In the last deep crossing I watched in horror as half of Matias’ bike disappeared underwater, and somehow came out the other side of a crossing about 50m long. The madman waved at me to come through, and figuring the other wheel track couldn’t be any worse I went to the left where he’d gone right…

Bad move.

Halfway across, the bike slid into an even deeper rut, water now at the headlight… I wanted to close the throttle, scared that we might go under completely, but some circuit in my brain took over and instead turned it the other way and we accelerated forwards, water spraying in all directions, with Sally screaming into the intercom we pushed forward now totally soaked, the bike going left and right as it started climbed out of the water, I smelled success and cheered Betsy along, “Come on!! Come on!!!” steam hissing from the hot exhaust and water running off our faces.

“Fucking hell! … Well done babe”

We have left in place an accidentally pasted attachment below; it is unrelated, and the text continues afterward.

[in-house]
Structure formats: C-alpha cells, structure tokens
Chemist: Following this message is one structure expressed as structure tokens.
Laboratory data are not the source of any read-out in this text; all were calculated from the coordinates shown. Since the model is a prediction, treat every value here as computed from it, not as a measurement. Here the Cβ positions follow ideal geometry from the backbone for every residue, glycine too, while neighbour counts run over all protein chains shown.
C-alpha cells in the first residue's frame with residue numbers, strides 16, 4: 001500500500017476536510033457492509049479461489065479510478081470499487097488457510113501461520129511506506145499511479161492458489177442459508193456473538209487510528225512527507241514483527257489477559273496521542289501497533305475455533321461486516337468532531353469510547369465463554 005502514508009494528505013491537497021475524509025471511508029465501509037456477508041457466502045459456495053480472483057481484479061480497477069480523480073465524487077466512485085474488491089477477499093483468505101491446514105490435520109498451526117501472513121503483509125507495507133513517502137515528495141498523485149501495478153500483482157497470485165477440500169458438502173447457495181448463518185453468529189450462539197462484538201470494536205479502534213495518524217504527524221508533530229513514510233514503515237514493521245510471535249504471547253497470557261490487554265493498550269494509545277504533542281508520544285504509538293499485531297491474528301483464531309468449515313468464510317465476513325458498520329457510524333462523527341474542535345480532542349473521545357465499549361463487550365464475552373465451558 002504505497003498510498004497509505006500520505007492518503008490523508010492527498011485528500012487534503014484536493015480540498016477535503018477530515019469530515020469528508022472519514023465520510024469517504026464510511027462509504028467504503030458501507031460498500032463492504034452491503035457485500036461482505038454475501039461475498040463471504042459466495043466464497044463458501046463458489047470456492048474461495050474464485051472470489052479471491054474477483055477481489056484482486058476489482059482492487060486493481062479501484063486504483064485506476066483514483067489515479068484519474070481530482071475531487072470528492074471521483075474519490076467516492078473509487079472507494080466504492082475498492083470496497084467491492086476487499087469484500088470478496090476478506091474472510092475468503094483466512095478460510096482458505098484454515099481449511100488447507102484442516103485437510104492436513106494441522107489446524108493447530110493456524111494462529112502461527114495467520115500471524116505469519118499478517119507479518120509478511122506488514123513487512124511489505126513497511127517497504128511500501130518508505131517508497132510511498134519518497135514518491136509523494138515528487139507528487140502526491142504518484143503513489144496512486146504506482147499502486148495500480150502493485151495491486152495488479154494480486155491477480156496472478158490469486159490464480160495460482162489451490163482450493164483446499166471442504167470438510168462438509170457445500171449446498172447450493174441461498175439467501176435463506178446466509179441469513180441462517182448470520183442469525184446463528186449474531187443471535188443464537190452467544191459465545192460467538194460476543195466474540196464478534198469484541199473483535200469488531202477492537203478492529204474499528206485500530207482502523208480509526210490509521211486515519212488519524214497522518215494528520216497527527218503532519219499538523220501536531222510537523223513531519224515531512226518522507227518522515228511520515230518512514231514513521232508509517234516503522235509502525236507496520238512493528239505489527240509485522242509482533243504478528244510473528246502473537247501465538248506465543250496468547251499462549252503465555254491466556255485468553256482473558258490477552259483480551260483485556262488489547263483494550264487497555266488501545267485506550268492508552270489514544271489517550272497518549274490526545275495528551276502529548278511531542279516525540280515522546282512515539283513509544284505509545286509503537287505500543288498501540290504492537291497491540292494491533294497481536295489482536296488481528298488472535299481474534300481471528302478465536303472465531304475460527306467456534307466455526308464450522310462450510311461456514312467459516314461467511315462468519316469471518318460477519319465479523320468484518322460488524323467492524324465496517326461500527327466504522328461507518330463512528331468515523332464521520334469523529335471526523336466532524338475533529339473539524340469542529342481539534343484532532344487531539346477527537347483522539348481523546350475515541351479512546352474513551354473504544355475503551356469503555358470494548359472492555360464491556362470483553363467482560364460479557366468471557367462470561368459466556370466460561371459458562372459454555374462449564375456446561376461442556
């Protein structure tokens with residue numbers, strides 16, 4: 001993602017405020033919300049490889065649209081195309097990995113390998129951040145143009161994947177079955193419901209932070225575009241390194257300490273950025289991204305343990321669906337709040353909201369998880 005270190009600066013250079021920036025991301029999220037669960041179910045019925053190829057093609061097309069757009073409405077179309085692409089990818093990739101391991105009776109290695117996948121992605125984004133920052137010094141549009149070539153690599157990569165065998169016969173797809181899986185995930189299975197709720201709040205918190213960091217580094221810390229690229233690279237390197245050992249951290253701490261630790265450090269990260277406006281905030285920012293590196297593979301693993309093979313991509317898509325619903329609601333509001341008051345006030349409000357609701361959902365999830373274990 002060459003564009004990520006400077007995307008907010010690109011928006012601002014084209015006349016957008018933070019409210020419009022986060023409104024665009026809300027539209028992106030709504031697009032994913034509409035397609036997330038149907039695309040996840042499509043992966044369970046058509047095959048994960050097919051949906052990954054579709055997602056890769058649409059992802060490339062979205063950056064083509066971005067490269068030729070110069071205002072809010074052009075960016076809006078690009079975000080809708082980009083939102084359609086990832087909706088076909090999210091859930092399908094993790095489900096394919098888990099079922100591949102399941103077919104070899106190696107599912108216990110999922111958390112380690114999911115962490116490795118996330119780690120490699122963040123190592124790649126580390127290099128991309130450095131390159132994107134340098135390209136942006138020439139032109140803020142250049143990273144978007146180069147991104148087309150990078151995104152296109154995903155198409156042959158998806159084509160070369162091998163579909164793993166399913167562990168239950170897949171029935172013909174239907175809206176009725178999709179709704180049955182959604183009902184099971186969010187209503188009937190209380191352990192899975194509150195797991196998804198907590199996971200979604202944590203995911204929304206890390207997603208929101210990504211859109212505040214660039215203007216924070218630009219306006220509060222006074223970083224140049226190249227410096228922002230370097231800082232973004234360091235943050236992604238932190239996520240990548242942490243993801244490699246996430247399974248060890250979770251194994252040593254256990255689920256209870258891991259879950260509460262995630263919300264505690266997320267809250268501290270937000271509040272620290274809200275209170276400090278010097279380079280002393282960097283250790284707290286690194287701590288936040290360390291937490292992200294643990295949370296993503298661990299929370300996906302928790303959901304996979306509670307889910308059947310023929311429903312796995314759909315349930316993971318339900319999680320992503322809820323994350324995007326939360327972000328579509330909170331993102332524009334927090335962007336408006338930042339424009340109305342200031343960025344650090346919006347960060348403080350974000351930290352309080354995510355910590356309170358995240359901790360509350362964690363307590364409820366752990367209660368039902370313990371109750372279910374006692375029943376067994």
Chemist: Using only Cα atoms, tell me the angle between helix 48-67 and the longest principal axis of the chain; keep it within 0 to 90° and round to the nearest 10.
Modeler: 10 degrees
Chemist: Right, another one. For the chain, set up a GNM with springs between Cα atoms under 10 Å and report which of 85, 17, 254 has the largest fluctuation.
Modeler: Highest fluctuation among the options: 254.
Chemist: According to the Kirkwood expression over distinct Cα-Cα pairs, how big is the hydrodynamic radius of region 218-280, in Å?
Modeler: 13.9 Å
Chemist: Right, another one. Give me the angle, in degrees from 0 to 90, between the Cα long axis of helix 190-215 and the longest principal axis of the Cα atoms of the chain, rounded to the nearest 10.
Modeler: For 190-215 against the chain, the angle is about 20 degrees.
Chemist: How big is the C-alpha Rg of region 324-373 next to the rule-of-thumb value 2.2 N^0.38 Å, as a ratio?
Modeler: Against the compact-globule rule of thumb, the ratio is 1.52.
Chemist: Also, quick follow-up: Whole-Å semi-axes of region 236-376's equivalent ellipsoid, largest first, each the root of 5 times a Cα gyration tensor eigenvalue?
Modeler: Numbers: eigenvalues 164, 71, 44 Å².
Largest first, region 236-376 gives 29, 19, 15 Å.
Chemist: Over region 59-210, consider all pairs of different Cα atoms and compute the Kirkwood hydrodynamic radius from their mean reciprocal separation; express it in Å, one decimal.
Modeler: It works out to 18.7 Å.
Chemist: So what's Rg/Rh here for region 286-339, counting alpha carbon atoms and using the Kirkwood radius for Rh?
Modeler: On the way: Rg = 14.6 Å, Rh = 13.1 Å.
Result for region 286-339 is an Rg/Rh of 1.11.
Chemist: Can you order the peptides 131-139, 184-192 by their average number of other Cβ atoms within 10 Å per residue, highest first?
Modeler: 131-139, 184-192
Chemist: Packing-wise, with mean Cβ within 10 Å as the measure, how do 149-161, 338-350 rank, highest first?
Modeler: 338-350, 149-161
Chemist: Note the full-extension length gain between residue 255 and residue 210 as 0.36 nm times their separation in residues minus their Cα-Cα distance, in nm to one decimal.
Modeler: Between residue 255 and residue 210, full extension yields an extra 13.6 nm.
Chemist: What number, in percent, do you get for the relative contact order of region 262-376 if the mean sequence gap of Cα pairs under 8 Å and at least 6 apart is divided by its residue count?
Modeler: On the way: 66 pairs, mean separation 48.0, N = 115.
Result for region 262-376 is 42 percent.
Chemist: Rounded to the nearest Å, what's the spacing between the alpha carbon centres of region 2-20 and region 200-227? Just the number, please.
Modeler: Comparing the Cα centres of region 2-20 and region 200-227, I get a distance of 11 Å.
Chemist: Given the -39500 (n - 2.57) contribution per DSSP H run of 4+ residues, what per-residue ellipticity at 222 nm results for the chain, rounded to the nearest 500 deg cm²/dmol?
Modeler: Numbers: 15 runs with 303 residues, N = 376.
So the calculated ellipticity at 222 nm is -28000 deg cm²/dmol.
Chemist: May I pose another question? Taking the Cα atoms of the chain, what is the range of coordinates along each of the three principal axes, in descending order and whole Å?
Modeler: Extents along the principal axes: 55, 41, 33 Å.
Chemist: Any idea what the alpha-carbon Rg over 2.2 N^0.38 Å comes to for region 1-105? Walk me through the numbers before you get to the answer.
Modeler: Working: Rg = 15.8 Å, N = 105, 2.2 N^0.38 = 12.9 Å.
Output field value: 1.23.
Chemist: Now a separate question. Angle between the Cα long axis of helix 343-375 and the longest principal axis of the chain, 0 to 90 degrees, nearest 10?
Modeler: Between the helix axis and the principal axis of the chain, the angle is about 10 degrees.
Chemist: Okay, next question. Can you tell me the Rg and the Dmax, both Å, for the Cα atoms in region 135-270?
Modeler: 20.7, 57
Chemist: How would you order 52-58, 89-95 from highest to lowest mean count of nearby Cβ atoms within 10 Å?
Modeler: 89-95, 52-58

“It was mostly Betsy”
“I think other bikers do not do this road” said the crazy Argentinian…
“I cant believe we need to do all that again tomorrow”

Arriving at the “resort” I took off my gloves, hugged Sal and high fived Matias.

“Puta madre Australiani di merda!!”

The “resort” turned out to be a bit shit, no water or power, but we lit a fire on the beach, cooked some food, watched the stars and talked about our day, putting thoughts of redoing the water crossings out of our minds for the time being.

At one point in the evening 3 german guys arrived on the back of local motorbike taxis…

“Those guys aren’t even wet”
“how did they get here?”

As is always the case in Africa, once a road becomes impassable, they either take or create an alternative, and the next morning we did too. Only one vaguely deep crossing and we were back onto the ‘normal shit road’.

We rode express to Dar Es Sallam the next day, where Matias trailing water and mud from the road, immediately jumped into the pool at the hostel shouting more happy profanities mostly centered around “puta madre” 🙂

Which finally brings me to Zanzibar, where we’re sitting in a local bar filled with people watching Brazil play Mexico.

Hi to all back home, it’s pouring with rain here every day, which sucks but I guess better here than when we’re riding!

xxoo